The second briefing was attended by heads of diplomatic missions of Egypt, Iran, Iraq, Kuwait, Libya, Morocco, Oman, Palestine, Qatar, Saudi Arabia and the UAE.
He said the diplomats praised the government of Bangladesh for hosting the Rohingyas for years and giving shelter to the Myanmar nationals who are fleeing violence in Rakhine State.
They also stressed that civilians should be protected and called for immediate end of disproportionate use of force during the military operation in Rakhine.
Emerging from the briefing, CDA of US Embassy Joel Reifman said the United States wants implementation of the recommendations of Kofi Annan Commission as he thinks the problems in Rakhine can be resolved through implementation of the report.
Ambassador of the Holy See (Vatican) Archbishop George Kocherry mentioned the foreign minister in his briefing claimed that more than 3,000 Rohingyas were killed in the recent crackdown in Rakhine.
The global community is ready to help Bangladesh, he added.
Briefing journalists, the foreign minister said the international community has mounted pressure on Myanmar against "genocide" in Rakhine and it stands beside Bangladesh to help face the humanitarian crisis.
He said Dhaka has stepped up hectic diplomatic efforts to get international support for peaceful solution of the Rohingya crisis. It has already succeeded in mobilising opinion against Myanmar's act of genocide, he noted.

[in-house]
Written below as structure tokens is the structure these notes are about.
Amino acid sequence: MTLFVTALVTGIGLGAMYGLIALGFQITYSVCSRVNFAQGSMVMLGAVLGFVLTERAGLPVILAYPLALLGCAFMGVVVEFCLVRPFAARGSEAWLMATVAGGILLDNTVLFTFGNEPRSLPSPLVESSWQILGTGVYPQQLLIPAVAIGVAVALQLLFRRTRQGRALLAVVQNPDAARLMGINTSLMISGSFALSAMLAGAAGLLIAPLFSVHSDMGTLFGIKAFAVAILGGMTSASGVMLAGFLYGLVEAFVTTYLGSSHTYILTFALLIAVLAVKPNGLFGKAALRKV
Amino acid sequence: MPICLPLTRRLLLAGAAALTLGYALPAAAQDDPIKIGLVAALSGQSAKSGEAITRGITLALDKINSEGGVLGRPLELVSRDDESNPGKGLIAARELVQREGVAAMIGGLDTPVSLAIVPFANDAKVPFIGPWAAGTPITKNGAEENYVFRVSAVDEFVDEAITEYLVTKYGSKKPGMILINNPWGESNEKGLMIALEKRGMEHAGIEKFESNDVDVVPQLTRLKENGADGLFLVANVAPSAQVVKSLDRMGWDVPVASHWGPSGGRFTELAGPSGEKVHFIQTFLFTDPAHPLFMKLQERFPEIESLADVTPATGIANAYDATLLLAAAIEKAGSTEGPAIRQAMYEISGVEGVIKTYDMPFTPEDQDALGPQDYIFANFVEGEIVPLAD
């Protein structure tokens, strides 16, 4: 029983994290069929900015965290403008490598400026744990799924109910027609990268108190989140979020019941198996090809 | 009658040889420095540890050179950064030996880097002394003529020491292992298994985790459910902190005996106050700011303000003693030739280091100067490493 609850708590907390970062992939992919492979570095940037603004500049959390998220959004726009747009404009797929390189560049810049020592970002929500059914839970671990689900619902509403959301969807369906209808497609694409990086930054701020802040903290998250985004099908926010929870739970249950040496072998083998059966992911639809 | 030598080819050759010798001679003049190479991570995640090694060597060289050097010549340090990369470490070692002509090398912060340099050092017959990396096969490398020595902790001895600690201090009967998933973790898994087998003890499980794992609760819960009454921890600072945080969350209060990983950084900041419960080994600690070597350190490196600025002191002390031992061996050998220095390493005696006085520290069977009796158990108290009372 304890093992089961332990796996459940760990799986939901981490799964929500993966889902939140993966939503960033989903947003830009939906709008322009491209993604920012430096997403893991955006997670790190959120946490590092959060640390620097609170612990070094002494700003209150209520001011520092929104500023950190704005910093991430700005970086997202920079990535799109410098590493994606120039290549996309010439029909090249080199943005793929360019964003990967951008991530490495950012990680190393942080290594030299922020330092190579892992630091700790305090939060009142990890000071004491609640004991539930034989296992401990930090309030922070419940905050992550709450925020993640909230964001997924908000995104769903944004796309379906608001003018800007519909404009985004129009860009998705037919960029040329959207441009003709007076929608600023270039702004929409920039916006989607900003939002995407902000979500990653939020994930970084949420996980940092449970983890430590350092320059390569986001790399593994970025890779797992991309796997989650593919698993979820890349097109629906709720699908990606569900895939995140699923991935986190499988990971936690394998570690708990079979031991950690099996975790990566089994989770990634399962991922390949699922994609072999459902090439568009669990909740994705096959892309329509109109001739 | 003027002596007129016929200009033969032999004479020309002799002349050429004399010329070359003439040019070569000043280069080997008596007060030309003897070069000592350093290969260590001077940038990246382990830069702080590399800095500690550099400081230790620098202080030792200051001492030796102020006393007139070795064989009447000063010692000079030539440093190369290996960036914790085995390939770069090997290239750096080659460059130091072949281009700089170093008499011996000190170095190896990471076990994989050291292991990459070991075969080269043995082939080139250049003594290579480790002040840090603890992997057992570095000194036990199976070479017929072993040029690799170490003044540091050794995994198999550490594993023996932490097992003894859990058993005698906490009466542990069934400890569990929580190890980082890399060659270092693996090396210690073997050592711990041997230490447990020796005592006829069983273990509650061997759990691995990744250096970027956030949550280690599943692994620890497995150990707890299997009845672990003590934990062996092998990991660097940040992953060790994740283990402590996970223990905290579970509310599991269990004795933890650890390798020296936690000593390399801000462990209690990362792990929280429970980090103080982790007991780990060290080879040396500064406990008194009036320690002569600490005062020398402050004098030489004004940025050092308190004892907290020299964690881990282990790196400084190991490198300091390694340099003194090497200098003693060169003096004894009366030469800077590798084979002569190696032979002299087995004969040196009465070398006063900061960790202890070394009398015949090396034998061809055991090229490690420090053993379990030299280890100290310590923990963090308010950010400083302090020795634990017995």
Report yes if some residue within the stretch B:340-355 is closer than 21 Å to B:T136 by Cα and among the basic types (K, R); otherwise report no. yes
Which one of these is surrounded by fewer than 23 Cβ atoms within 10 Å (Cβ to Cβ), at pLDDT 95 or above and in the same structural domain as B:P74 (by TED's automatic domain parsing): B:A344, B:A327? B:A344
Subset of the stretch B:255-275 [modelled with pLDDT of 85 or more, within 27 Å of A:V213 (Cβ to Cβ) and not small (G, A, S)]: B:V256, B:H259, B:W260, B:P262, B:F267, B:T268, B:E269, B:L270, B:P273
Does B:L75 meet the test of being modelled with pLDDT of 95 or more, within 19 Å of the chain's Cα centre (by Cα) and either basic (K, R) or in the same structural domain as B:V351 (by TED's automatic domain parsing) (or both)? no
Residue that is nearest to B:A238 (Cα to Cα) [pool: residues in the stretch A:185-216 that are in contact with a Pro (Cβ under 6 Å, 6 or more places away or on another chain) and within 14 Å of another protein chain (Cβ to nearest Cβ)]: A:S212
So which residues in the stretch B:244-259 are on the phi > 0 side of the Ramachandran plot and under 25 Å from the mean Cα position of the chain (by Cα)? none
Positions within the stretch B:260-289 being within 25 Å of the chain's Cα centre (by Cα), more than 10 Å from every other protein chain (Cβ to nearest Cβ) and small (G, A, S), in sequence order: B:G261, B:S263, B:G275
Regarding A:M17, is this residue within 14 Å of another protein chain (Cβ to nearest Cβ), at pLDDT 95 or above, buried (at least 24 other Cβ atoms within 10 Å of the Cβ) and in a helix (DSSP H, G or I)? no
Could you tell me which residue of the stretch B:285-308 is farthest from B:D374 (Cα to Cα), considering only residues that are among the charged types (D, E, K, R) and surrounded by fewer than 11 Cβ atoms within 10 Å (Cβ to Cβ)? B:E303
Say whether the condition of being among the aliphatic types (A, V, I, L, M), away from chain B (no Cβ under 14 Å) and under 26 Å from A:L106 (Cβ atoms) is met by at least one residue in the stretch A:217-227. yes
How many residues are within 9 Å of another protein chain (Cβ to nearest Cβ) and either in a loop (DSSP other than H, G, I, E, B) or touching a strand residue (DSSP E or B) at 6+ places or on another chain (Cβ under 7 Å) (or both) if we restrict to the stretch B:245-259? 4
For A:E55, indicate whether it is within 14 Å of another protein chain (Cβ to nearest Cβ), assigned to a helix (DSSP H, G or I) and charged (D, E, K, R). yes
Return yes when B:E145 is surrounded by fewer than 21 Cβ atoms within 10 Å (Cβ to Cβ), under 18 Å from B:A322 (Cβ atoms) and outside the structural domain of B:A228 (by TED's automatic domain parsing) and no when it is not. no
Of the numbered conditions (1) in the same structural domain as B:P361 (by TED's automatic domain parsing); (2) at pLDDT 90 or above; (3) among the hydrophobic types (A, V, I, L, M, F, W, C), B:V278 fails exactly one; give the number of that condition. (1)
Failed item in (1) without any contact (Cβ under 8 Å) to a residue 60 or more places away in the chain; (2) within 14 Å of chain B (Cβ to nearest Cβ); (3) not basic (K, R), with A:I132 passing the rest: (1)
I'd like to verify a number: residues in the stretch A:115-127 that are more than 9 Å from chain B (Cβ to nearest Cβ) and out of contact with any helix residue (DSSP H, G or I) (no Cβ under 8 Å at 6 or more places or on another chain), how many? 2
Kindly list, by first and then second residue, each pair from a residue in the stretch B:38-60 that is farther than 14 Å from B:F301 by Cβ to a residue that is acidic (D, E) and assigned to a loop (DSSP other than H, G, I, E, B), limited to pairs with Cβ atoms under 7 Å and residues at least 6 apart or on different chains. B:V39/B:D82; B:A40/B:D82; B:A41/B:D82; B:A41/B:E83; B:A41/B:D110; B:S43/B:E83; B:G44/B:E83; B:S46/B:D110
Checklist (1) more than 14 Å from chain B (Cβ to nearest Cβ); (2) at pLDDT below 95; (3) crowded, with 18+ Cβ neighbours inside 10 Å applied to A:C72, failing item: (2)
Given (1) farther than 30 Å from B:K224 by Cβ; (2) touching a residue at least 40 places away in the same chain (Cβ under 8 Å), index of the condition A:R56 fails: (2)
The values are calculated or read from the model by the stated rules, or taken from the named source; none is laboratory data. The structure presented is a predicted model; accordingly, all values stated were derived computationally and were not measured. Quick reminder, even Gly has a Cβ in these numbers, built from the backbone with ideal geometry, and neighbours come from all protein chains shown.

Replying to question whether Bangladesh is negotiating with India and China to drum up support in its favour, Mahmood Ali said India has issued a statement which he read out at the media briefing.
About China, he said "China is different … but we are talking with China … we are working on it."
The minister also gave a background briefing on Rohingya history.
About providing shelter to three lakh newly arrived Rohingyas, State Minister for Foreign Affairs Md Shahriar Alam told the press that a forest land has been demarcated at Ukhia by the local administration.
The 2,000-acre land will be handed over to UN agencies for using it as a temporary camp for the Rohingyas, he added.
US APPLAUDS BANGLADESH'S ROLE
Meanwhile, the US in its formal press statement yesterday expressed concern at the influx of Rohingya in Bangladesh following allegations of serious human rights abuses in Rakhine, including violent attacks and mass burnings of villages.